Tonight the eyes of the music world will turn to their screens for what is largely considered as America’s major music awards. Following the announcement of nominees and the more recent reveal of the evening’s performers, the build-up to this year’s GRAMMY Awards has been loaded with rejoice, controversy, excitement and outrage. Women dominating the nominations? Hear, hear. The Weeknd being ‘snubbed’? Dear, dear. Last minute addition of Anderson Paak and Bruno Mars to the night’s performances? SO HERE. But whilst the world gets caught up in the annual la-di-da, I invite you to turn the clocks back to 1971, to the 13th Annual Grammy Awards. 50 years ago at the Hollywood Palladium, the awards belonged to Paul Simon, Art Garfunkel and the album that sealed their legacy.
Bridge Over Troubled Water was written during one of the most tumultuous, divisive decades in American history. (I think we’re all fairly up-to-speed on the 60’s but see here if you need a recap). Over the course of the decade, artists reflected the unrest of the times in their work. Listening to the music written by Simon & Garfunkel between the years of 1964 and 1970, it doesn’t sound like the ‘music of rebellion’. Even at the time, many of the cool kids and hippies deemed the cleanliness of their sound too sterile, too tasteful. But whilst the beginnings of psychedelic/prog rock overtly channelled the spirit of rebellion, Simon & Garfunkel’s delicate sounds and more personal, lyrical approach offered something that was just as treasured: comfort, and a momentary escape from a world wrought with tension.
Considered their most ambitious album, a range of influences can be heard in each of the 11 songs. The Beatles-inspired rock ’n’ roll on ‘Baby Driver’ and ‘Keep the Customer Satisfied’, traditional South American folk in ‘El Condor Pasa (If I Could)’, and of course the gospel orchestration that fills ‘Bridge Over Troubled Water’. Were this in the reviews of a contemporary album written last year, no doubt there would also be terms such as ‘cutting-edge’, ‘avant-garde’ and ‘genre-defying’ thrown in with it. But the artistry of Simon & Garfunkel lied in their ability to create music that was all at once epic yet somehow so subtle. Garfunkel was the stand-out vocalist no doubt; his voice carried a purity and softness that seemed to fall out of his mouth so effortlessly, and ‘Bridge Over Troubled Water’ was his song as a result. But like peanut butter and jam, the real magic happened when both voices joined together to create those iconic harmonies. The cleanest harmonies in the game that, when listened to in isolation from the music, could make Ant Middleton cry.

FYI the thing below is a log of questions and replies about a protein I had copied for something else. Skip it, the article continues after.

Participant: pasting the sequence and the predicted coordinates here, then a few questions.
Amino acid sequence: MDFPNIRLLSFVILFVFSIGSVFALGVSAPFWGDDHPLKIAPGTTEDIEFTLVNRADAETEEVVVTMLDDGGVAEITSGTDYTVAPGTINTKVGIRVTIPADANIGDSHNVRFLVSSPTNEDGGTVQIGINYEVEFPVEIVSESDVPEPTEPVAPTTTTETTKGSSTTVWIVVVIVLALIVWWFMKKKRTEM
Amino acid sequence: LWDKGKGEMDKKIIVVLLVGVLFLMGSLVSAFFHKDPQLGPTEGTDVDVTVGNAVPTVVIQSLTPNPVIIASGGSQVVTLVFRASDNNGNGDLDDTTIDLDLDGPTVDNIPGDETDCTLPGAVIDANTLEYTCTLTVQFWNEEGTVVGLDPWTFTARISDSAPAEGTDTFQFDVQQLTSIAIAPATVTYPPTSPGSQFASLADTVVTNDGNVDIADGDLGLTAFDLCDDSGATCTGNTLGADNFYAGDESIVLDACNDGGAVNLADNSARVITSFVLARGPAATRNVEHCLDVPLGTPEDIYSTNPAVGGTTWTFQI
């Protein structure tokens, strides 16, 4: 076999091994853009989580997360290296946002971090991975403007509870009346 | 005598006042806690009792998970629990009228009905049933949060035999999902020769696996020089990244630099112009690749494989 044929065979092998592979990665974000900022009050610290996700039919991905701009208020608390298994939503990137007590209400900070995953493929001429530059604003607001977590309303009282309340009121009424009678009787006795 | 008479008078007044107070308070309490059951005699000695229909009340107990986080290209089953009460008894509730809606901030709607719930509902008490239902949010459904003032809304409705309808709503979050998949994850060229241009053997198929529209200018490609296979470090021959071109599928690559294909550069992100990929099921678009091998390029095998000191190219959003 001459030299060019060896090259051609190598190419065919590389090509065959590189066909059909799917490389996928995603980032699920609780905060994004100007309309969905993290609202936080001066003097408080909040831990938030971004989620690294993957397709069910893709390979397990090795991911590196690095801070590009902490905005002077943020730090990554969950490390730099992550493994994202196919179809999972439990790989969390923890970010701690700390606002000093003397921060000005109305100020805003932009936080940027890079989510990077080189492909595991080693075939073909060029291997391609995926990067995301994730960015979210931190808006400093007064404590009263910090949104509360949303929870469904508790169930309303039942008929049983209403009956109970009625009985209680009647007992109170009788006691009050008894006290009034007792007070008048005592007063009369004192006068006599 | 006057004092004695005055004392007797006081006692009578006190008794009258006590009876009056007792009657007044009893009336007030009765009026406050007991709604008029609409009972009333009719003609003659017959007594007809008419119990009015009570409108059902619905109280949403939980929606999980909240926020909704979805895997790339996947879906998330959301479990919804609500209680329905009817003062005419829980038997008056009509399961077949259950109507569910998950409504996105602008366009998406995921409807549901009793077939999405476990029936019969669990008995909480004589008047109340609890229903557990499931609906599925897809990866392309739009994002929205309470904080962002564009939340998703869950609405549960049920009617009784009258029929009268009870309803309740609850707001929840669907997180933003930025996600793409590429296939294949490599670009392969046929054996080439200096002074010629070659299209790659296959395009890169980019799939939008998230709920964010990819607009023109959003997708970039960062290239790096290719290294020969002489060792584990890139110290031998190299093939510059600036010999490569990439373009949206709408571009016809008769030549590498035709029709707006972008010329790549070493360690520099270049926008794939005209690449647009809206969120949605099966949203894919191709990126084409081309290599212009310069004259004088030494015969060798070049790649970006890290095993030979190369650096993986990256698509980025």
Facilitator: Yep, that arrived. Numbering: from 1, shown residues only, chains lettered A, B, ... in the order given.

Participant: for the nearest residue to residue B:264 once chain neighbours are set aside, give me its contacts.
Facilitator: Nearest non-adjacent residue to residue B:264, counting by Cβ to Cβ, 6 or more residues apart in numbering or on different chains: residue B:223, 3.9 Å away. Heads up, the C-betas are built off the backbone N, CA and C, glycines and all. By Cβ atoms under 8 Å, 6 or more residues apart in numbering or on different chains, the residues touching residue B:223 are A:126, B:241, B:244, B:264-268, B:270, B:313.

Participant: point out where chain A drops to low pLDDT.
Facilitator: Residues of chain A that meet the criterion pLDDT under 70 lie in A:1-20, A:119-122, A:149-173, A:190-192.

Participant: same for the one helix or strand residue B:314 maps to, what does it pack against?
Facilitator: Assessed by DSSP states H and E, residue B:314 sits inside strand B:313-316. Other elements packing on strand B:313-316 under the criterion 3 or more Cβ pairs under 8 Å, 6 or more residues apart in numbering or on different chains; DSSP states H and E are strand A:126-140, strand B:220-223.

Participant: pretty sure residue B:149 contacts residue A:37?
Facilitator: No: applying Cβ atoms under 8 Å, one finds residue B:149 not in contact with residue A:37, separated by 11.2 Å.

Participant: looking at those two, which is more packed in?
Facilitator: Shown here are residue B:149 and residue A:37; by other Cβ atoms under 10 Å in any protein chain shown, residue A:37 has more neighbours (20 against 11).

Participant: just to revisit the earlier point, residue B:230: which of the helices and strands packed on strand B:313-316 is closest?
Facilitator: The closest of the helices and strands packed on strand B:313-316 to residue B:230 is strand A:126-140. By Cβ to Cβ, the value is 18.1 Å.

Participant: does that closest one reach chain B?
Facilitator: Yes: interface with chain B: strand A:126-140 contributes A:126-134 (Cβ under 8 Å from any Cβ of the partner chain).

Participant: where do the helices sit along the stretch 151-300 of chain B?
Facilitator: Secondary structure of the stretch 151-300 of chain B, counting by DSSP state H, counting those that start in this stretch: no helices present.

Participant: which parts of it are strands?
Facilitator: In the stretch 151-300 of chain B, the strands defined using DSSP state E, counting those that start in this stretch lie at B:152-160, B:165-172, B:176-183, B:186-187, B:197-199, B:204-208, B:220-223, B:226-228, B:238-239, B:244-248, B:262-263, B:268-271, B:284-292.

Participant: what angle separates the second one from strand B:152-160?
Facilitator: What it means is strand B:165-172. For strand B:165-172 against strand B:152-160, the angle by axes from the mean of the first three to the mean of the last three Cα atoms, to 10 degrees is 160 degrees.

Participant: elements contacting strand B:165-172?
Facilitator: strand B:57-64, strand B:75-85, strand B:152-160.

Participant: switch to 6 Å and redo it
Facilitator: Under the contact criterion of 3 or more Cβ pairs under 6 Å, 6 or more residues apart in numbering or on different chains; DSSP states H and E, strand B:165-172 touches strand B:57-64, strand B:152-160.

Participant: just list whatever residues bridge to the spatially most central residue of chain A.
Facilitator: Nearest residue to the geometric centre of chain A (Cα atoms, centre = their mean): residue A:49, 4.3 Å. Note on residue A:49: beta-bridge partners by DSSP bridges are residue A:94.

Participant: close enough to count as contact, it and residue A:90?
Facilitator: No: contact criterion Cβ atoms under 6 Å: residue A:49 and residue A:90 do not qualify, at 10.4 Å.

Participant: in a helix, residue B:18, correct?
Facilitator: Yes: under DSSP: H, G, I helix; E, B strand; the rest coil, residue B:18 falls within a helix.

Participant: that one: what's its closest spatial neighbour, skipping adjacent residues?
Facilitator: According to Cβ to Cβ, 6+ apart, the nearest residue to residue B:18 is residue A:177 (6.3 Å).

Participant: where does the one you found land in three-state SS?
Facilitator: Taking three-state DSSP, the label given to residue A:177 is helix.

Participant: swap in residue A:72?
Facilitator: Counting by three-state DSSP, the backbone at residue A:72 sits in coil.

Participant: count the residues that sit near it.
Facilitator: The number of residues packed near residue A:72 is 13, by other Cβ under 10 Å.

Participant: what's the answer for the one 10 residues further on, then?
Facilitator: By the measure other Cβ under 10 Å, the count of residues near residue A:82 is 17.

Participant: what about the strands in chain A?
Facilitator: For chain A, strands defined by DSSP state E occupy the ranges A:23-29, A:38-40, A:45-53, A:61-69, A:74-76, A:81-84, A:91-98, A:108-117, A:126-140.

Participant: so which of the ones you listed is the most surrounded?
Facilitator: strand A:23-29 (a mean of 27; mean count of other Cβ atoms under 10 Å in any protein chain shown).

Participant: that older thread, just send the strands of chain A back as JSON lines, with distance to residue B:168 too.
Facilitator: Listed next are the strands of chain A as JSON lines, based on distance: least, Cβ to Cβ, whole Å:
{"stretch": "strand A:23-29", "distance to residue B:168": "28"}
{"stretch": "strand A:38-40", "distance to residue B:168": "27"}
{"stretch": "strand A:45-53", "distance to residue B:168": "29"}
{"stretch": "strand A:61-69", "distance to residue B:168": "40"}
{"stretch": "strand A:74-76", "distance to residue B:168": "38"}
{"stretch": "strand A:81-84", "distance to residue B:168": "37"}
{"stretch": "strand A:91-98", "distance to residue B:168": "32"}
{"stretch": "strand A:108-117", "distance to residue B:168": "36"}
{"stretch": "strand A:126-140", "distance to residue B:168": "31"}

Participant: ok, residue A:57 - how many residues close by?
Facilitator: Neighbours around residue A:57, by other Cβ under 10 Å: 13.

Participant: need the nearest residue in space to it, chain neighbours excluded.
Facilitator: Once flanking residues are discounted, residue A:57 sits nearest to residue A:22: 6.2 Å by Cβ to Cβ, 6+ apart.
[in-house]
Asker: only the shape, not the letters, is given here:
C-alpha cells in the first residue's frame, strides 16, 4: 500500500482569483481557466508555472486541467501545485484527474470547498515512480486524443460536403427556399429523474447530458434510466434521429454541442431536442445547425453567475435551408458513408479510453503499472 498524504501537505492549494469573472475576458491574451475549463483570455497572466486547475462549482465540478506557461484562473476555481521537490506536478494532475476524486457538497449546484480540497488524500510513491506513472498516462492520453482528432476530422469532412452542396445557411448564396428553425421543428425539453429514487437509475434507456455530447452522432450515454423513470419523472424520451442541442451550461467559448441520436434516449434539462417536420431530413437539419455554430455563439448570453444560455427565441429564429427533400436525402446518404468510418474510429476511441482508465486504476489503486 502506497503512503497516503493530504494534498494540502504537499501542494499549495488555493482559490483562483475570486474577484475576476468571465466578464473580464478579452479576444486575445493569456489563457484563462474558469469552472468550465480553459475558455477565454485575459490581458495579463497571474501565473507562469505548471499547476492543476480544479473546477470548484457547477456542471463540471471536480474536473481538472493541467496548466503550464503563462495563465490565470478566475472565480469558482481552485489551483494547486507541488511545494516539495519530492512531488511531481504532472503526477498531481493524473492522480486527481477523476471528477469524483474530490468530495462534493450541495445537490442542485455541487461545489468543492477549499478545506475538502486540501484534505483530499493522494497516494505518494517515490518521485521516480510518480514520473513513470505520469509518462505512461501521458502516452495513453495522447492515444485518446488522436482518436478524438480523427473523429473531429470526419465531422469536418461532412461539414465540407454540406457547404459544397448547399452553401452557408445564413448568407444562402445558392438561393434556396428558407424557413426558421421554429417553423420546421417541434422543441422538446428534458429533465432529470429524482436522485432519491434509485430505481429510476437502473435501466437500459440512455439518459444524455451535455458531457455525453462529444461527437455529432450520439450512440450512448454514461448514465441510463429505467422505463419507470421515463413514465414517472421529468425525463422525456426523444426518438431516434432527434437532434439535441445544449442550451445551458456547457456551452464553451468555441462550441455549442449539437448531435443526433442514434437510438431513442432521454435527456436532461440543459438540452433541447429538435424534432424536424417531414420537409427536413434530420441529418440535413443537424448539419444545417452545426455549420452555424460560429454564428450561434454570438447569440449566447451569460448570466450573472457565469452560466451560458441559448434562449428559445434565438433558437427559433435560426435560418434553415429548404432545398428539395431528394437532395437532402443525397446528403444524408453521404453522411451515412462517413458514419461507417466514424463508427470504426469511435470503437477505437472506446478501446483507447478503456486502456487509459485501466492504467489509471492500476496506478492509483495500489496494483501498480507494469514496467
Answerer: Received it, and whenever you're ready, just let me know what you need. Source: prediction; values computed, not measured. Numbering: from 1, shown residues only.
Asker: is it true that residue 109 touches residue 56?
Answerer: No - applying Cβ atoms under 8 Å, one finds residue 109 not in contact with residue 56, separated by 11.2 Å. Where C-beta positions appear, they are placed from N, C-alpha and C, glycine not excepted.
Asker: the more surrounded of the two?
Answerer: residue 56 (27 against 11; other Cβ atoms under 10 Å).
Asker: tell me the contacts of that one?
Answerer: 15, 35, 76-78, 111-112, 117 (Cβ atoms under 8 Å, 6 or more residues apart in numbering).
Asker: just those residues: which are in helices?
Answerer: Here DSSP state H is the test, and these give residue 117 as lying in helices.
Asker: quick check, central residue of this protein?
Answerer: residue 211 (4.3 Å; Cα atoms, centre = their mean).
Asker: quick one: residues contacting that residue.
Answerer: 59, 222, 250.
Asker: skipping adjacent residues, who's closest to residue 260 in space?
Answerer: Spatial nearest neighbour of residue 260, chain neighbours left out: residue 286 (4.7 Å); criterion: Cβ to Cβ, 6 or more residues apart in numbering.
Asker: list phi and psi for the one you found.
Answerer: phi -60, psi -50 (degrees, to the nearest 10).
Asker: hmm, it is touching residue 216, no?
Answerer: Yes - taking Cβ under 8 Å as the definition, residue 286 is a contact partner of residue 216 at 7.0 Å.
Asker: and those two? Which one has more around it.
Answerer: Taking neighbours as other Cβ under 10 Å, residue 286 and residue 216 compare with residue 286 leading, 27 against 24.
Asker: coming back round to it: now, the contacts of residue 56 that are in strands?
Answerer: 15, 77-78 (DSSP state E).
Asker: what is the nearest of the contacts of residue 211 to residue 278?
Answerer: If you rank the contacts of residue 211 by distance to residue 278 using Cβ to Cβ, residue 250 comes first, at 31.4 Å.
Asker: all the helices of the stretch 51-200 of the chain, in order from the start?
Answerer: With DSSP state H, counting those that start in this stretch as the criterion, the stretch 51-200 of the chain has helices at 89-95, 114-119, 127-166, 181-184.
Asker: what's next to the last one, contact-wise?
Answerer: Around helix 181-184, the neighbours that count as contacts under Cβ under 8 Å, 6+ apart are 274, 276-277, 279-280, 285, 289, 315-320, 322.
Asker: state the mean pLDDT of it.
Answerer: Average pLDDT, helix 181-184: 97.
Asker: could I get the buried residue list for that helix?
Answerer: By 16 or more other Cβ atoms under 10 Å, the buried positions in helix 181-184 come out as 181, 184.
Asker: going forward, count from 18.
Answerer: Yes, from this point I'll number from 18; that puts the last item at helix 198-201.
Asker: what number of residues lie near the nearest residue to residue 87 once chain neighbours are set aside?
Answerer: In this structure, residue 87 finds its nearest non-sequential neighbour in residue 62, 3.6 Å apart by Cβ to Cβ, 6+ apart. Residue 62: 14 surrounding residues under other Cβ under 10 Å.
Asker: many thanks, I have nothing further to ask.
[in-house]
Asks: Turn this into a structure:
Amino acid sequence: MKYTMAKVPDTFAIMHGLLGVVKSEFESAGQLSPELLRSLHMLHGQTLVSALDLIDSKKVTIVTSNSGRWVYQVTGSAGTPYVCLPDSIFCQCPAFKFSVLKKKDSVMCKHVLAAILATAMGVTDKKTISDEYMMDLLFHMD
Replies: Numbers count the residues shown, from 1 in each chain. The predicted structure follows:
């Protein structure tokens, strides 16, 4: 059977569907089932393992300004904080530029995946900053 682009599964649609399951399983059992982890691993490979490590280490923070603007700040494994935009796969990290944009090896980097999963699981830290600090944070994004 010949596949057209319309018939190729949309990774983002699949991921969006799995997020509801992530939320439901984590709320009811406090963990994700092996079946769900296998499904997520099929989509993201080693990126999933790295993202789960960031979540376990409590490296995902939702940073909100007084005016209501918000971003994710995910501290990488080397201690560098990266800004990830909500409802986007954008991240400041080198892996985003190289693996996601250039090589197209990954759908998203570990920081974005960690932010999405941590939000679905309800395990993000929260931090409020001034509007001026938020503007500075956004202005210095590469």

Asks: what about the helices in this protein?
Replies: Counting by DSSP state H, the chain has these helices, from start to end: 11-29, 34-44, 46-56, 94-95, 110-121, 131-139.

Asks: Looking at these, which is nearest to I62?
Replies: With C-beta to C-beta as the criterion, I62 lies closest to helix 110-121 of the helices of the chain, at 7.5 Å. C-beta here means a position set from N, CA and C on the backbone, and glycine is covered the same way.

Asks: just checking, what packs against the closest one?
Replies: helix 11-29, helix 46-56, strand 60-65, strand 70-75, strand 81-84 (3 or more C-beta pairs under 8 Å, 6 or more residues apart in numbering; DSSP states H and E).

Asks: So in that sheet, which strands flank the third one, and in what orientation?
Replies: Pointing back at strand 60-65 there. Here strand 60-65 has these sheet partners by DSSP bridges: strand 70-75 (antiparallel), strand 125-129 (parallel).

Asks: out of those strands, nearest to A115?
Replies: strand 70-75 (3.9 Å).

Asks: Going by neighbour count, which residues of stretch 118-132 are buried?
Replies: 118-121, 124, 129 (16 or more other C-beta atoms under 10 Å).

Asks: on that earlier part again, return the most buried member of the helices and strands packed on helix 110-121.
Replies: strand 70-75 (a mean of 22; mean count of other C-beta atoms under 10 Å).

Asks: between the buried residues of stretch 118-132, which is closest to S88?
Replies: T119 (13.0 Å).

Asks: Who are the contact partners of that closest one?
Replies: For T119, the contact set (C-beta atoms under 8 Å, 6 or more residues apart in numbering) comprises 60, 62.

But where Garfunkel steals the limelight in the vocal department, Simon and producer Roy Halee earn their glory in the actual song-writing and overall sound of the album. In The Harmony Game, the documentary telling the story of how the album was written, we are shown the genius that went into the recording of each song. Most commercial popular recordings are mixed and mastered to be reverberation-free ie. a slick and clean-cut sound. But what characterises the sound of Simon & Garfunkel’s album is the music’s colour and depth created in the recording process. ‘Only Living Boy in New York’ was recorded in an echo chamber and ‘The Boxer’ in a church. In the latter, it is what makes the epic drum crash of the chorus sound distant, and as if you’re hearing the song live. In ‘Cecilia’, the quirky hand-clap beat was recorded on a whim in Simon’s home one evening, and the xylophone that we hear in the second half is Simon playing completely random notes with the tonality softened – he didn’t even know how to play the xylophone. All of these layers meld with Simon & Garfunkel’s harmonies so delicately, and give the album its muted grandeur.
And now, with all the flair of a true university student, I bring us back to the present day. Tonight we applaud a new wave of artists who continue to change the game, create moments of musical magic etc. etc. blah blah I’ll let the speeches do the spiel. Yet the past week, I have listened to ‘Bridge Over Troubled Water’ more times than I care to admit to. Perhaps it speaks more of my sensitivity and emotional susceptibility (I’m fine.), but I am on the verge of tears every time the final verse reaches its climax. For all the reasons it was so moving at its time of release, it seems to be as pertinent as ever today. It might not be the politically charged anthem that empowers a generation or the song that breaks new ground with its innovation, but it is beautiful. Fifty years ago, that was enough to win five GRAMMY awards, and a further two for the album. It was to be Simon & Garfunkel’s last work together, but ‘Bridge Over Troubled Water’ will remain one of the most enduring songs from the past four decades.